2005 Tony Batista: In late 2004, the troubled Daiei supermarket group sold the Hawks baseball team to Softbank as part of a large reorganization. On their way out the door, Daiei’s management weakened the team by sending 3B Hiroki Kokubo to Yomiuri in a musho (uncompensated) trade, and releasing 2B Tadahito Iguchi so that he could pursue a career in MLB. Softbank made a splash in replacing them, signing Big Leaguers Batista and Jolbert Cabrera to replace them. Despite his on-base flaws, Batista was an established 30 home run hitter in MLB, and signed for a massive $14m over two years. Batista spent 2005 as the Hawks’ number three hitter, and his .263/.294/.463 line in 2005 was about in line with his MLB career norms. Apparently this wasn’t enough for Softbank, as they released him prior to the second year of his contract.

2003 Kevin MillarMillar was coming off two very good offensive seasons for the Marlins when his contract was sold to the Chunichi Dragons for $1.2m, with whom he provisionally agreed to play for at about $3m a year. But when the Marlins put Millar on waivers, a procedural move so he could sign his contract with Chunichi, the Red Sox violated protocol and put in a claim on him. After the Red Sox claim, Millar had a change of heart and refused to complete his contract with the Dragons. Chunichi put up some opposition at first, but eventually relented and let him go to Boston, where he continued to hit well and became a clubhouse fixture. In his place, Chunichi signed Alex Ochoa, who spent four years in Nagoya and contributed to two Central League winners.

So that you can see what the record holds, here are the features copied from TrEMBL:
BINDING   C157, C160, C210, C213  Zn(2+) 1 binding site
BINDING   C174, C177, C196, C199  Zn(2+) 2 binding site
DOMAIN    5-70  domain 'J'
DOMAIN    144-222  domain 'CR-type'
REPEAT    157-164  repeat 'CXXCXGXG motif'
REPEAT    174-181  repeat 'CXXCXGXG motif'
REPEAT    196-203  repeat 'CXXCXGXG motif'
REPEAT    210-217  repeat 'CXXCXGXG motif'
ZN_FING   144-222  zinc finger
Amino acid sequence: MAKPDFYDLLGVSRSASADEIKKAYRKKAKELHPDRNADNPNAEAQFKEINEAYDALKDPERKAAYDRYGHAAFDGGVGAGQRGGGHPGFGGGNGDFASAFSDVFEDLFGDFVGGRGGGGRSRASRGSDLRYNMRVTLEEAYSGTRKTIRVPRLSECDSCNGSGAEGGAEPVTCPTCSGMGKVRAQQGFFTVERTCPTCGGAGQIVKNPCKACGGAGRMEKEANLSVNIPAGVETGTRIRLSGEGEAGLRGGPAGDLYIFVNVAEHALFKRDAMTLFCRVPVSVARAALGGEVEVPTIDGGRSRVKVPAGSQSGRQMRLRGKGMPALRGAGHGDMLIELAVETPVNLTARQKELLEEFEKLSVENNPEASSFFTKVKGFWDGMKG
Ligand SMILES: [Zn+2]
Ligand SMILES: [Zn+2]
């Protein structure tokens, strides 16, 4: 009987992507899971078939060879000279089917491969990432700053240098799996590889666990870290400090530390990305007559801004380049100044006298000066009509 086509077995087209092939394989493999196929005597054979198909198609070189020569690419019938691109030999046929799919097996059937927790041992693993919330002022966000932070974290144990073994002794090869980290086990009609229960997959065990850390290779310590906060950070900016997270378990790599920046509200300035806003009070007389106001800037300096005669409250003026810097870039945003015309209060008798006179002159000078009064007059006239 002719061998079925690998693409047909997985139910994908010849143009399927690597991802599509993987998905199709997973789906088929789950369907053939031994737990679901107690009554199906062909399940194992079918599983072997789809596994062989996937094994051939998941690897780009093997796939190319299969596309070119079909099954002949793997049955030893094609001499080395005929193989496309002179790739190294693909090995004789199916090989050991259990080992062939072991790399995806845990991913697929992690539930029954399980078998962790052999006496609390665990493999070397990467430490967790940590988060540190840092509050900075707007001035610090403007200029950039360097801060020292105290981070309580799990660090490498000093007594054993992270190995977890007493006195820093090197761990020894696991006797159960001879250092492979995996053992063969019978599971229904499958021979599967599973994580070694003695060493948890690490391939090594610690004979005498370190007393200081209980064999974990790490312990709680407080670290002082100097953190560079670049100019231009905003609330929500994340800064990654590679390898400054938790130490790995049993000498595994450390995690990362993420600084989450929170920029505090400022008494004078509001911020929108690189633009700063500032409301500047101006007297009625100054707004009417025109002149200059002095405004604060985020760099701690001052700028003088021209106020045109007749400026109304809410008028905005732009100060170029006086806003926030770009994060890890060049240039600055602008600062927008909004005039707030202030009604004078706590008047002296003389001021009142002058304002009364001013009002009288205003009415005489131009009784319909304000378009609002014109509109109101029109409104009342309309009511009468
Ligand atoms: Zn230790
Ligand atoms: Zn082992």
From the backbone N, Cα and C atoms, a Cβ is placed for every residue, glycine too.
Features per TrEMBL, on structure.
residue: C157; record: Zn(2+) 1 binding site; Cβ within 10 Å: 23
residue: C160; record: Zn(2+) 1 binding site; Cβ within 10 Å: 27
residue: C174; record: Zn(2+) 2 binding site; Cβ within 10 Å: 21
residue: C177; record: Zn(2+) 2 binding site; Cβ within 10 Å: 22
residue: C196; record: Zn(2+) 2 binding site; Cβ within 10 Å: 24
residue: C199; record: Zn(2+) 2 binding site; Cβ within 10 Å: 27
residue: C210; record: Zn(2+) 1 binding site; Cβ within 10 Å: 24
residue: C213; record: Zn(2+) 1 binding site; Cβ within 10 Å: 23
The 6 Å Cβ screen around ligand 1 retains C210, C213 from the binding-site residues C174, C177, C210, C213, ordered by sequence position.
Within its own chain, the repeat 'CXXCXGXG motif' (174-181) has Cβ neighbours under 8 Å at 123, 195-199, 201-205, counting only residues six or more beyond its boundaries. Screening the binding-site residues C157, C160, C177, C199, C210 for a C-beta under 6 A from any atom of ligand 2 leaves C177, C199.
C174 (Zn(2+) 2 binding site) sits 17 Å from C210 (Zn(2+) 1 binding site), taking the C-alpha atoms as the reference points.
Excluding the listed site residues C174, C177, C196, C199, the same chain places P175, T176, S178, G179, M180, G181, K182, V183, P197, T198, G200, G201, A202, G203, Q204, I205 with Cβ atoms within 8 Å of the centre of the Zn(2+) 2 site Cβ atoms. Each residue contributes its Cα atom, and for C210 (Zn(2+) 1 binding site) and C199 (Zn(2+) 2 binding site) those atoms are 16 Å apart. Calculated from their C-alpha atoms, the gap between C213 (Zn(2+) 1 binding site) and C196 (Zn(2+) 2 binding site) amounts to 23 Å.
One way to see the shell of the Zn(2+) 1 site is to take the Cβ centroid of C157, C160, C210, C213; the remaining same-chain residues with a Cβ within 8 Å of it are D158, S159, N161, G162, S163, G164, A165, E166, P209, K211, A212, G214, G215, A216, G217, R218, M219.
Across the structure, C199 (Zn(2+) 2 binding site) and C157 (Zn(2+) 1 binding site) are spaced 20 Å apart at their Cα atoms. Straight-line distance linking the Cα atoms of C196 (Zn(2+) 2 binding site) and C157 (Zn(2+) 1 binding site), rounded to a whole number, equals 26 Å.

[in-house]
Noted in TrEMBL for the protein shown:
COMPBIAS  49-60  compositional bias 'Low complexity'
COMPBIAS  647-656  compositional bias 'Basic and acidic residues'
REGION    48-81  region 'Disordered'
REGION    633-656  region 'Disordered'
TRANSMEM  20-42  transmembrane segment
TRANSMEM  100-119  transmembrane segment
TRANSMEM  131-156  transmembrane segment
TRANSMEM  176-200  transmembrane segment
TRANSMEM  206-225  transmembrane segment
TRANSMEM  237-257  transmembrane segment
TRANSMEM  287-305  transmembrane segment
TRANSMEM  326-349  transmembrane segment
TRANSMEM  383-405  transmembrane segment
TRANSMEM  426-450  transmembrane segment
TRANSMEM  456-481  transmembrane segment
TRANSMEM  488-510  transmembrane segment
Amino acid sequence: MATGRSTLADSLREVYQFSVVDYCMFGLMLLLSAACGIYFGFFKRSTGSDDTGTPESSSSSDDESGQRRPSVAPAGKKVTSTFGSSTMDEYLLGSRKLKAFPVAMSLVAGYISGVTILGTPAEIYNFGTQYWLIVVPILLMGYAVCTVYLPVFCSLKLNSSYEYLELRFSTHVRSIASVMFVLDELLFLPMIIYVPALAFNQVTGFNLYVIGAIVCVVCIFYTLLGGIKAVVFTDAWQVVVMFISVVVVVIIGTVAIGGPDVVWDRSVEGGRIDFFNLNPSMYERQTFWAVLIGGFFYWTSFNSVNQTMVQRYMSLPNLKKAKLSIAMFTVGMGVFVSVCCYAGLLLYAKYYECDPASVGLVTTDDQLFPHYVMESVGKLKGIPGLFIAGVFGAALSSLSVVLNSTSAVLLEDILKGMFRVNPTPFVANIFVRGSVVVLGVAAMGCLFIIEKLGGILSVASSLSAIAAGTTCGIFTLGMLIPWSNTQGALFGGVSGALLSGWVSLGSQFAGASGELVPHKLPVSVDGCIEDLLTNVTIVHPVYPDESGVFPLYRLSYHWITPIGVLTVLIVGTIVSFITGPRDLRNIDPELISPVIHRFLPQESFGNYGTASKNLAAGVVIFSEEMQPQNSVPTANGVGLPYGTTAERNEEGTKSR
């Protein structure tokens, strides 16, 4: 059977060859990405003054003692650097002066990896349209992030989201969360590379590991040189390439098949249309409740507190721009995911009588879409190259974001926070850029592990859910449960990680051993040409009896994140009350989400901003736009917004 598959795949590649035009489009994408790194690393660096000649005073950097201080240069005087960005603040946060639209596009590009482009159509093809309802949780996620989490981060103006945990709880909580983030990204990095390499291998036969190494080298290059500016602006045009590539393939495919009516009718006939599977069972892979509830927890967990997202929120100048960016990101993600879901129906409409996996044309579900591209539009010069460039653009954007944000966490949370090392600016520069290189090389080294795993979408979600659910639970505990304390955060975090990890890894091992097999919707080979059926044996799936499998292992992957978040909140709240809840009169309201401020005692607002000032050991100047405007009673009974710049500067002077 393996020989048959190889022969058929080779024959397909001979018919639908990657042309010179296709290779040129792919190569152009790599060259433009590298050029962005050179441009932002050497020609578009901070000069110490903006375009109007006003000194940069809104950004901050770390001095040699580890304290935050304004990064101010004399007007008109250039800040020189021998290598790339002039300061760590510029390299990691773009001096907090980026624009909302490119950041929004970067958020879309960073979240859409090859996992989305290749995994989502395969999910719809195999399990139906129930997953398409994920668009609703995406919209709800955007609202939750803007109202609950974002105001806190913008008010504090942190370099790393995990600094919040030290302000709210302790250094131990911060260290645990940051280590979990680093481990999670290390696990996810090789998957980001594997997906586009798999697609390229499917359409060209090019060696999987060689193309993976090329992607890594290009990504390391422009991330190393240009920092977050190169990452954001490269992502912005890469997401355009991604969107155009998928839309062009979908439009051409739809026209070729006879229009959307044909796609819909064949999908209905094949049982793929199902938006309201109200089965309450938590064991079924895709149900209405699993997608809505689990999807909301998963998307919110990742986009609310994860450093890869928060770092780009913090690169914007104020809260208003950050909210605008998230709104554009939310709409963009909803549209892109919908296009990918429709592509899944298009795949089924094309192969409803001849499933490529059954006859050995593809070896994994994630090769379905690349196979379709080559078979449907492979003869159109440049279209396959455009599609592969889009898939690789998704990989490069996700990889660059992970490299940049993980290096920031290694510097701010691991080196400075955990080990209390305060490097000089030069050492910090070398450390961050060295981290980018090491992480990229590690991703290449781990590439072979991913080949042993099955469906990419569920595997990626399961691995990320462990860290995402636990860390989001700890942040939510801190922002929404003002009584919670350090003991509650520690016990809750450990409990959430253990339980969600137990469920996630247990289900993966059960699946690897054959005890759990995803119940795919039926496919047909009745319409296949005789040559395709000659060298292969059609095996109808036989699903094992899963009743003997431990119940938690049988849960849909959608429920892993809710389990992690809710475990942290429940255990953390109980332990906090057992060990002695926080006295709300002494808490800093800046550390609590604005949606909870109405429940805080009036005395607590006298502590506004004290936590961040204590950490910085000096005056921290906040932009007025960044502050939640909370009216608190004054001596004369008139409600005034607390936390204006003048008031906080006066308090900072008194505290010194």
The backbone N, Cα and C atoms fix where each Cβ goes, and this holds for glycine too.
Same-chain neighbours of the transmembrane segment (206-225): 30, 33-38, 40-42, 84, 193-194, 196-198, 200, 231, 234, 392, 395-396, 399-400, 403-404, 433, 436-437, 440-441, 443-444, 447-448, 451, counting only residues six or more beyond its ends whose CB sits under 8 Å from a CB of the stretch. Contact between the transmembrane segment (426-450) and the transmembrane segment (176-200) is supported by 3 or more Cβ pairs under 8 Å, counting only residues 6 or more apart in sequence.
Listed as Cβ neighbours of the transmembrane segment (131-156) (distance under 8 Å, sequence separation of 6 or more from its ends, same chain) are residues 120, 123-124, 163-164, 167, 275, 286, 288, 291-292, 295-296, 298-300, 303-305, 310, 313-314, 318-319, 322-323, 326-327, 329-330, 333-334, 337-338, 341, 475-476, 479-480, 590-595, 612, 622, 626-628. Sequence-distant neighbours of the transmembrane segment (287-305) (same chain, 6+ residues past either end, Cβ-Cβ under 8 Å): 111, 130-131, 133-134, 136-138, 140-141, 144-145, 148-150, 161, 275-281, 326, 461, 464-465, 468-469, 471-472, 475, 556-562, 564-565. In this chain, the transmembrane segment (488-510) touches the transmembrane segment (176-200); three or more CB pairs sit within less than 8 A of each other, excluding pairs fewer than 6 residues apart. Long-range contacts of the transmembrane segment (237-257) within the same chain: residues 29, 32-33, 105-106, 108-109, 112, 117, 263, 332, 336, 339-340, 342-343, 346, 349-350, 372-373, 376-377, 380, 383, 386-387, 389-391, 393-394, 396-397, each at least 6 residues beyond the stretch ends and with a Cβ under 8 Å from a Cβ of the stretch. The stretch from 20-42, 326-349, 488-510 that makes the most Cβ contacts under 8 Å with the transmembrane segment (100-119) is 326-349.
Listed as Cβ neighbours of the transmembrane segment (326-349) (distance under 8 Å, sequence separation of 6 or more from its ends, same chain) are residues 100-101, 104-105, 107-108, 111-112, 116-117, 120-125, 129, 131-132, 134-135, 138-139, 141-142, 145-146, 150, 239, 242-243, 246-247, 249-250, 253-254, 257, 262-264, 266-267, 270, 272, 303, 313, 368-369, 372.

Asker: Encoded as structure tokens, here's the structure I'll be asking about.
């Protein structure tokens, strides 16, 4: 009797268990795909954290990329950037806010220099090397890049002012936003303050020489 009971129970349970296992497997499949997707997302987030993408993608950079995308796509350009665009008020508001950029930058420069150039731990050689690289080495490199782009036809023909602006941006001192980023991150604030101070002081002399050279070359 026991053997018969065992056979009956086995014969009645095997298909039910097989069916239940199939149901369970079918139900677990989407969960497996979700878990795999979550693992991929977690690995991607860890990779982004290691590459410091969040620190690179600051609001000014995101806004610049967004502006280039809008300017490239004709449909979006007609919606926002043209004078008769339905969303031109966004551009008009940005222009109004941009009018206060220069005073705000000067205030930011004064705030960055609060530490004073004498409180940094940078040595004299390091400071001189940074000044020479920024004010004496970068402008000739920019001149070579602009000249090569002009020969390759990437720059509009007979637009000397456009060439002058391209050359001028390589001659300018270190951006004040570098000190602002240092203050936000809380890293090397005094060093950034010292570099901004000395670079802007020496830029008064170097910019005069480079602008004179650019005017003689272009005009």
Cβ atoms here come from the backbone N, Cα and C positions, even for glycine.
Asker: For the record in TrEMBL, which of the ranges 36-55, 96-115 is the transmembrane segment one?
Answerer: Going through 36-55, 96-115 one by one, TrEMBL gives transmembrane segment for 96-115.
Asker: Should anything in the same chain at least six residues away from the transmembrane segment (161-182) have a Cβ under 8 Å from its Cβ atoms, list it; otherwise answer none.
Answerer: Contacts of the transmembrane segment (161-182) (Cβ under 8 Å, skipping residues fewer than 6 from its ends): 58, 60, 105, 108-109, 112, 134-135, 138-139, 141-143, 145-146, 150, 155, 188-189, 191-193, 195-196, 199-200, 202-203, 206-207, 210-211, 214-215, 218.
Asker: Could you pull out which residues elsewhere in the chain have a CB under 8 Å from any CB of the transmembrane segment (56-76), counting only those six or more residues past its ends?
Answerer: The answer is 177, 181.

2000 Tony FernandezUnlike many of the players on this list, Fernandez’s move to Japan was unmarred by contract or performance problems. Fernandez had put up strong seasons for Toronto in 1998 and 1999, didn’t miss a beat with Seibu in 2000, posting a .905 OPS. After his season with the Lions he returned to MLB for 2001, closing out his excellent career with a curtain call in Toronto. Coincidentally, 2000 was my first year in Japan, and my reaction to seeing him on TV was “oh cool! Tony Fernandez is here!” I was less excited to see Tony Tarasco playing right field for Hanshin.

1997 Mike GreenwellIn what has become the standard bearer incident for gaijin busts in NPB, Greenwell signed a big ($3m or so) contract with Hanshin, broke his leg seven games into the season, and immediately retired, claiming he got a “message from God to quit baseball” (野球を辞めろという神のお告げ). That’s the way it’s told in the Japanese media anyway. The counterpoint that I’ll offer is that he likely would have missed significant time anyway with his injury, and the “message from God” statement was probably not a great translation of what he actually said. I don’t have the original English quote, but I’m going to assume it was something less literal, like a metaphoric “sign from God”. Mike, if you’re reading this and can clear that up, I would love to know what actually happened. Incidentally, Greenwell’s $3m salary still stands as the most Hanshin has ever paid a foreign player.